The lure of writing about a girl close to Hitler was irresistible. I wanted the freedom of a fictional main character, though, so Gretchen Müller, my protagonist, was born. She’s a seventeen-year-old student: sensitive, smart, tough, and, at the story’s beginning, a Nazi. Although she calls Hitler “Uncle Dolf,” he’s actually a beloved family friend she’s known since she was little. The set-up seemed easy. But how, I wondered, can I make Gretchen realize what her cherished “uncle” really stands for? How can she break free? I decided that she needs to be confronted with something she cannot ignore—a murder mystery that she must solve, and whose investigation forces her to see certain truths about her family and the Party.

Anne Blankman

Anne Blankman

TWM: Please describe your research process.
AB: Fortunately, I had written my college honors thesis on Adolf Hitler, so I started this project with some knowledge of the subject. I love doing research, and read everything I could get my hands on: biographies, memoirs, psychological profiles, essays, you name it. I studied Hitler’s autobiography, Mein Kampf, and his early speeches. Understanding his ideas and his method of presenting them was vital. To immerse myself in Gretchen’s mindset, I read Nazi children’s stories such as “The Poisonous Mushroom,” and 1930s articles from Der Stürmer, an anti-Semitic newspaper. Primary sources, such as maps and photographs, helped me envision the setting. I watched lots of old video footage, too, including the Nazi propaganda film “Triumph of the Will.” One of my coworkers at the public library branch where I work part-time is the head of our inter-library loan department, and she tracked down several sources that proved to be extremely helpful.

I type all my research notes, dividing them by subject and source so I can easily check details later. Only when my research is complete do I actually begin writing. For Prisoner of Night and Fog, I had about three hundred pages of notes—they were almost as long as the book itself!

Night&Fog_jkt_des6.inddTWM: How was the novel vetted?
AB: HarperCollins has a wonderful copy editing department. My copy editor, Kathryn Silsand, is amazing—she verified countless historical details. I also frequently consulted with a psychology professor, who advised me on the psychological components of my story. For example, at one point my main character is attacked. This professor helped me create the perfect psychological storm of events that would provoke her assailant to lash out at her.

TWM: What was the greatest challenge in writing this? (I can’t imagine it was easy writing about Hitler.)
AB: Writing Hitler as a character was incredibly difficult. It would have been easy to reduce him to a caricature. I felt a responsibility to portray him as accurately as possible, not just because he was a real person, but out of respect for his millions of victims. So I chose to show his many sides that the children of high-ranking Nazis like Gretchen saw in real life: the indulgent honorary uncle, the charismatic manipulator, the rabble-rousing public speaker.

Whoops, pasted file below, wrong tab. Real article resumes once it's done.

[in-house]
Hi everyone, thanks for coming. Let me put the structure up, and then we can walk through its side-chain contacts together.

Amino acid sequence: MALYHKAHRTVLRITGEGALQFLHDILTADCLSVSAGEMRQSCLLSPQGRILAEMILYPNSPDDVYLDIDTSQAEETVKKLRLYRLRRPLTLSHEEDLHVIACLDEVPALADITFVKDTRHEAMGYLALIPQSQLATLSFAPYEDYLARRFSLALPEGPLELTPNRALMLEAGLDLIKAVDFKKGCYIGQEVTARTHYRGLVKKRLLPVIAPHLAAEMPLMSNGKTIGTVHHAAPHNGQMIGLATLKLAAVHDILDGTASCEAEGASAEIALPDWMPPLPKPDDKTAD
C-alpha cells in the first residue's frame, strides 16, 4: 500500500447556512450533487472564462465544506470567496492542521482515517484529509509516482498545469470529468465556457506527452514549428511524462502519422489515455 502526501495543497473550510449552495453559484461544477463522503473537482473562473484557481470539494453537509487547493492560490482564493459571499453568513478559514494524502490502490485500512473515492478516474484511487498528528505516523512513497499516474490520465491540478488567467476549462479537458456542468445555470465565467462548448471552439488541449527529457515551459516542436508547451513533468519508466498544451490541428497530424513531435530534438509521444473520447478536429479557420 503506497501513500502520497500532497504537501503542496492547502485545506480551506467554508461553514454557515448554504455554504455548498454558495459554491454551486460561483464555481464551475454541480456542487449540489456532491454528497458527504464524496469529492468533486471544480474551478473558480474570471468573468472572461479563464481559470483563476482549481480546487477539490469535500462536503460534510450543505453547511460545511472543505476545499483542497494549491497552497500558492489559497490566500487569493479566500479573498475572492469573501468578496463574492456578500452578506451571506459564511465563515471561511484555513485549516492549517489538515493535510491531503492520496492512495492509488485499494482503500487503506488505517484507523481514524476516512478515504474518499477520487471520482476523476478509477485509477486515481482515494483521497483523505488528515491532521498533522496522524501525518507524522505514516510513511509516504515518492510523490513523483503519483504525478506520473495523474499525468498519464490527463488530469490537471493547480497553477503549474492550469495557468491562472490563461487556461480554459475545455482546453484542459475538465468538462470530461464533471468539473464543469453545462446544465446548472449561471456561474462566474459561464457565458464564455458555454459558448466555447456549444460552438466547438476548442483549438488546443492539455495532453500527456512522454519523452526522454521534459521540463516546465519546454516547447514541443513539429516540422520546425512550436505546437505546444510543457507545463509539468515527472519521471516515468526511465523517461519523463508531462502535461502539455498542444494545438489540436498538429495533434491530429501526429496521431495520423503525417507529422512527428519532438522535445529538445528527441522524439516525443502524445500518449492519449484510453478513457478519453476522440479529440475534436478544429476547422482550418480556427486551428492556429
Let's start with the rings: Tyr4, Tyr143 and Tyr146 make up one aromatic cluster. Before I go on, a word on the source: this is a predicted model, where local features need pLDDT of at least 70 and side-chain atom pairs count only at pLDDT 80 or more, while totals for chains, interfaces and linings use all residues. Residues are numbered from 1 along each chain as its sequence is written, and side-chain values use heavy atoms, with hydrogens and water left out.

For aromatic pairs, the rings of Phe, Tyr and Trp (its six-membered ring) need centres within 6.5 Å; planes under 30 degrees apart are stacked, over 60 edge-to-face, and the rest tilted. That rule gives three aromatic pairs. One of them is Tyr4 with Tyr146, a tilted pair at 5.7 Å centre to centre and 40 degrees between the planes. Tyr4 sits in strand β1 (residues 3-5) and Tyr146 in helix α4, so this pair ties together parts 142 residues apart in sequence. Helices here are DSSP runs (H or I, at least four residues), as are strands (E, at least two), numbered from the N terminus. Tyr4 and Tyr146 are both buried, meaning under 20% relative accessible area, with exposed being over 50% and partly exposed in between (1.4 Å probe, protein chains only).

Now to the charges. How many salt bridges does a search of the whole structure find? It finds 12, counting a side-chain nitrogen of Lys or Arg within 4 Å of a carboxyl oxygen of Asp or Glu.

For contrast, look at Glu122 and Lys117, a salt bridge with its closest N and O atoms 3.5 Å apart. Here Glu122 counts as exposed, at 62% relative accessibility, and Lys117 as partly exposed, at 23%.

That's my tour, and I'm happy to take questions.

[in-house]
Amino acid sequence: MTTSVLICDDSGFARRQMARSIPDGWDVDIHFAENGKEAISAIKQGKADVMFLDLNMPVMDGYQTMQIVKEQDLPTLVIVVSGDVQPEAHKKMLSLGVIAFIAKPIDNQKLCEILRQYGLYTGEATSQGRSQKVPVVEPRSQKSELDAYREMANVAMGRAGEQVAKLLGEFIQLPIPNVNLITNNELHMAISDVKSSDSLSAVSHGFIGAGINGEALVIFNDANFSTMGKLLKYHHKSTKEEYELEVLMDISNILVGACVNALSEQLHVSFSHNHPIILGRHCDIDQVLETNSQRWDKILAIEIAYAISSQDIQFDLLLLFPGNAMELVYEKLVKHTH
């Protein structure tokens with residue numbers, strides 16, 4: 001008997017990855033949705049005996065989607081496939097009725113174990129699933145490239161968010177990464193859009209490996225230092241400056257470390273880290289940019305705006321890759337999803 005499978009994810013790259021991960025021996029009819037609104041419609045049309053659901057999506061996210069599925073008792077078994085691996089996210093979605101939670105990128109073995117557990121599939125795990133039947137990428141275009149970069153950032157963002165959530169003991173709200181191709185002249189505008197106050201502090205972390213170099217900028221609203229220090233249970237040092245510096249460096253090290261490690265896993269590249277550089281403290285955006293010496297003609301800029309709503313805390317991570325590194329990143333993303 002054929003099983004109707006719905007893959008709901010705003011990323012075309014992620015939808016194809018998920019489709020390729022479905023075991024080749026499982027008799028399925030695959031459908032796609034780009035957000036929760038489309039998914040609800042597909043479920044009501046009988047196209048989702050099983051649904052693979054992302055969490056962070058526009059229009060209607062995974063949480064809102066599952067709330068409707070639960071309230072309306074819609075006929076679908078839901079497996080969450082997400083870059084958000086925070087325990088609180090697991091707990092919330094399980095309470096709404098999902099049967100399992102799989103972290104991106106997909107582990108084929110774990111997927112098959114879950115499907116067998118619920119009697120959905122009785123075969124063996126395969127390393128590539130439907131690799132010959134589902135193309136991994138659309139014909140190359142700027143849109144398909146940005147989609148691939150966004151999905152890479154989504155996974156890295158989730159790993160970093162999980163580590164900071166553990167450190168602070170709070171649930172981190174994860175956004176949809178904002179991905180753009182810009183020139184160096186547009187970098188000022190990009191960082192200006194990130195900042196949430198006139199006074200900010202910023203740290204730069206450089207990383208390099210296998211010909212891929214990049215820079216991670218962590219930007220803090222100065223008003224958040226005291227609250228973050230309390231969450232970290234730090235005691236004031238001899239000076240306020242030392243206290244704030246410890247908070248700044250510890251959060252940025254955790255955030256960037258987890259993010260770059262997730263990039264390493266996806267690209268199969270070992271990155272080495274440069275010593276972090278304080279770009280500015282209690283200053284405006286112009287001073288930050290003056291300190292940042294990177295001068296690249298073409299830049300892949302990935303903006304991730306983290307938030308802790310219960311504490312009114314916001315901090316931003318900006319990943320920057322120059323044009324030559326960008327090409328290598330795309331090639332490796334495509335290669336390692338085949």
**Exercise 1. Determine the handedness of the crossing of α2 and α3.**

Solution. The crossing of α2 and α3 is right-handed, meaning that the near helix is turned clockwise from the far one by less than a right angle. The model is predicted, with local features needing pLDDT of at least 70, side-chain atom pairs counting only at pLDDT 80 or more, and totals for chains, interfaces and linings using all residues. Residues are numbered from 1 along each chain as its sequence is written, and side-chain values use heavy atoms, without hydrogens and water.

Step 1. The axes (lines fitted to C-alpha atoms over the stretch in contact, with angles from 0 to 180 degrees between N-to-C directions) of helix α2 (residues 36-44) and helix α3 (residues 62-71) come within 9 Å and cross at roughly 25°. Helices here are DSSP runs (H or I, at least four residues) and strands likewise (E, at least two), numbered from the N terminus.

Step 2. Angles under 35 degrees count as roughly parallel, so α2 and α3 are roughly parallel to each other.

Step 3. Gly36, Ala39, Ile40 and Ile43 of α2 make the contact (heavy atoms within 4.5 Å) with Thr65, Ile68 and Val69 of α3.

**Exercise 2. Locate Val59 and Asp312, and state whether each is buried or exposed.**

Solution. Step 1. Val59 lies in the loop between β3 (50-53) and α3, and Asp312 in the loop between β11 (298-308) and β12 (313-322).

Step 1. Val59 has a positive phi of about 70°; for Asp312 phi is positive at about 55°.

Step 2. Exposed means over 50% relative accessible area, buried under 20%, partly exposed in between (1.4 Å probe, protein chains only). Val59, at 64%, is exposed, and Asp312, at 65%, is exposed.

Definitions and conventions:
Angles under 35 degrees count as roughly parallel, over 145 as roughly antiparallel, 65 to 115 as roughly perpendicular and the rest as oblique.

As I mention in my book’s afterword, there is little consensus on Hitler’s personality or his motivation, not even among noted Hitler biographers Ian Kershaw, Joachim Fest, John Toland, Hugh Trevor-Roper, and Alan Bullock. Some people think Hitler was evil and believed genocide was right and just, while others think he was a fraud who latched onto the Jews as a convenient scapegoat to band his supporters together and catapult himself into power. Before I began writing, I knew I would have to come to my own conclusions about Hitler or I wouldn’t be able to portray him at all. The more I investigated, the more I became convinced that Hitler was “deliberately” evil—I say deliberately because I think he understood the consequences of his actions.

TWM: What was  your greatest satisfaction in writing this novel?
AB: There’s nothing as exciting as hearing from readers! Just last night, I got an email from a man who read Prisoner of Night and Fog with his teenage grandchildren, and he thanked me for writing a book that appeals to multiple generations. It doesn’t get any better than that.

TWM: What were your favorite books as a teen?
AB: Hmm, do you have an spare hour to listen to me go on and on? I have lots of favorites! If I had to narrow down my choices, though, I’d have to say anything by Philip Pullman; Crime and Punishment by Fyodor Dostoyevsky; Bleak House by Charles Dickens; the Harry Potter series by J.K. Rowling; The Giver by Lois Lowry; and The Diary of a Young Girl by Anne Frank.

TWM: Who have been the greatest influences on your writing and how/why?
AB: My mother, Lynn Blankman, has been a source of inspiration for me. When I was growing up, I watched her struggle to get published, but she never gave up and after several years of hard work, she achieved her dream and became a middle-grade author. To this day, mom is always my first reader.

TWM: What is your writing process?
AB: With a preschooler, I have to be disciplined and take advantage of every spare minute! On most days, I get up very early and run. That time alone, listening to my book’s playlist, helps me write out the next scene in my head, brainstorm, whatever I need to do that day. I write while my daughter’s at preschool and at night. I know there are writers who can churn out 100 pages in 2 days, but I tend to write smaller amounts 5-6 days a week.

TWM: Goethe’s poem, “Der Erlkoenig”—how did it influence the novel? How/when did you come across it? (It’s my favorite poem of all time. I learned it in my freshman year of high school German and can still recite it by heart. I was a German major undergrad.)